By Kershaw, Roger
Contemporary Review , Vol. 281, No. 1640
Editor's Note: In the year since the terrorist attacks in America, virtually every issue of Contemporary Review has carried articles about some aspect of that tragic event. This issue is no exception. We begin below the first of a two part article about Islam. This issue also contains an analysis of American attitudes towards France in the last year as well as an article on globalisation which shows much about its role in world opinion.
AS I understand the fashionable theory of postmodernism, it is not so much post-Marxist as Marxist-in-a-more-subtle-way, but there seemed some reason to wonder whether the twenty-first century BBC had erased the nineteenth century master completely from its horizons when a certain 'Carl Marks' popped up in the web transcript of a recent broadcast about St Paul. At the least, the BBC presenter, Edward Stourton was willing to dismiss the influence of Marx as a 'very short-term thing' by comparison with Paul's legacy of monotheism to the gentiles.
Teasing aside, however, the durability of Marxism does seem questionable for the moment. Appropriately, its decline as an intellectual force can be illustrated by the declining currency of its critique of the religious forces that preceded it. But it is partly a case of Marxism making itself redundant by its very success as a political force, that is, as one factor driving modernization and the decline of religious faith in Western societies. So the religion of Paul, too, seems less than durable in its heart-land. Unlike the old capitalism, it has not proved capable of survival through defensive adaptation in face of ideological and organisational attack from the 'progressive forces'. Even a subtle, post-modernist critique has come to seem superfluous.
In fact, there may yet be room for a little social analysis in a Marxist spirit, of religions other than Christianity: those whose heart-lands have not experienced class formation and subsequent transformation, whether revolutionary or evolutionary, in their political economy and social structure. What may at times prove obstructive is the pervasive reflex of tolerance and cultural relativism in the West, branded in some quarters as a form of 'political correctness'. No doubt, the avoidance of a more rigorous analysis has some roots, also, in the Western transition to post-modernity which has made the social analysis by a 'failed ideology' like Marxism seem to longer relevant (though it might be Marxism's insight into the political functions of earlier ideologies that has turned us into relativists!). Obliquely, Francis Fukuyama's dictum of 'the end of ideology', more or less universally, may be having an inhibitory effect on our analytical inclination. Even if an adage like 'the opium of the people' or the c oncept of 'social control' in its more sinister sense have lost their applicability in Western conditions, the world remains a much larger place than whatever may be encompassed by 'the West'. As the 'non-West' impinges increasingly on Western security, and does so not least in the guise of a religious ideology, a little bit of 'classical sociology' may be in order.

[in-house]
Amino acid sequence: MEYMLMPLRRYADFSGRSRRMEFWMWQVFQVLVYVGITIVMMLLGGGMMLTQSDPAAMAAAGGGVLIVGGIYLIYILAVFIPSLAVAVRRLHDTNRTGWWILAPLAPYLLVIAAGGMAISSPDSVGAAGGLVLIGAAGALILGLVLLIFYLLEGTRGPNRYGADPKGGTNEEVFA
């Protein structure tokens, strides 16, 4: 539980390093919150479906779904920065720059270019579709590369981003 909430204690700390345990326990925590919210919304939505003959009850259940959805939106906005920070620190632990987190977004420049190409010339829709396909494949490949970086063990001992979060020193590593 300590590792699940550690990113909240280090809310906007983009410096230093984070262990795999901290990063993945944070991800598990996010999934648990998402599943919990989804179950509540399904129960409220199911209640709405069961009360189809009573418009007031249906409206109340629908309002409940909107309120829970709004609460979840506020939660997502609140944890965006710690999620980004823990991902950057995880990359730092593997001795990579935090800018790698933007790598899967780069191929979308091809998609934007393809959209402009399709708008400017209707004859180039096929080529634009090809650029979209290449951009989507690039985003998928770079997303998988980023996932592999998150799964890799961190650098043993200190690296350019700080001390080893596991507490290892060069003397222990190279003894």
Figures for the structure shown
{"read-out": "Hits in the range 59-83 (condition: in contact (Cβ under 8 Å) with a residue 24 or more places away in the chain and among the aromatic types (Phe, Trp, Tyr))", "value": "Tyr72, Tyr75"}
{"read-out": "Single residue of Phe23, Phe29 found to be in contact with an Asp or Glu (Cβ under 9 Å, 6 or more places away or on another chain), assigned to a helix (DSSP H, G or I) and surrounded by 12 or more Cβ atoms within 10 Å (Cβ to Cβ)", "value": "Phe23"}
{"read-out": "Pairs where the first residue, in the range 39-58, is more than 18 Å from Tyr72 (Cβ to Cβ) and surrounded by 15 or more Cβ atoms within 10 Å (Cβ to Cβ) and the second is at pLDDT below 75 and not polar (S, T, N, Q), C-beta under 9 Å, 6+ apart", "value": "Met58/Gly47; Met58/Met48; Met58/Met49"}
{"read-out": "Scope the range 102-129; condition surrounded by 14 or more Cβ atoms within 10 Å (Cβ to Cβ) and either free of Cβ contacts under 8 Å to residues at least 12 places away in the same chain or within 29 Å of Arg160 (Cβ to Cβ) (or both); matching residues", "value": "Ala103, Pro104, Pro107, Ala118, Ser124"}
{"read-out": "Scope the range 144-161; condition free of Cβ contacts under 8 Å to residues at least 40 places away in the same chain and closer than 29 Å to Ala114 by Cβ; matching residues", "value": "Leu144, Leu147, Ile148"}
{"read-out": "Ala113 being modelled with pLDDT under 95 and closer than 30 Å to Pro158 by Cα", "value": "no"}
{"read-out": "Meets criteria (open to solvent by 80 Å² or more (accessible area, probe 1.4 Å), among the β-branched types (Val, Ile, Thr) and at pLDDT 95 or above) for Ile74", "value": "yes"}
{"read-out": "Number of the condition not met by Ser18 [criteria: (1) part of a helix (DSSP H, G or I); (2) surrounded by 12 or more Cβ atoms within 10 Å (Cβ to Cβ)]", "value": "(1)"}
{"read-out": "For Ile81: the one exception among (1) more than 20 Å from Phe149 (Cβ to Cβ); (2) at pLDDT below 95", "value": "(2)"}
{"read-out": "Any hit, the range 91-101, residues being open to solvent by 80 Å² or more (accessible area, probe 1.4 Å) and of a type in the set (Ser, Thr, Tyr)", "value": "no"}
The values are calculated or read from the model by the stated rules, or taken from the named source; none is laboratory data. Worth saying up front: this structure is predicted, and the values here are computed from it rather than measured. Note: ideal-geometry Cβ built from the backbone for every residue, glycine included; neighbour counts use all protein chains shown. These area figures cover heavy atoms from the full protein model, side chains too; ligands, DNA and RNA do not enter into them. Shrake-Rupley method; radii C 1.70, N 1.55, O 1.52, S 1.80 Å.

Such an effort of revivalism seems especially worthwhile when cultural relativism in the West shows symptoms of a discourse with its own distinctly ideological tendency -- a relativism whose tolerance blinds its adherents to the very differences that conjured up the relativist response in the first place. More than anything else, I am thinking here of the intellectual offensive by the Archbishop of Canterbury, the Prince of Wales and Tony Blair, to project Islam as 'sharing the basic values of all other religions'. If this is about engineering reality, the goal seems innocuous enough. Yet the earthly trinity aforesaid are naive if they expect to have any real impact on Islamic doctrine, however many times they claim to have read the Koran. …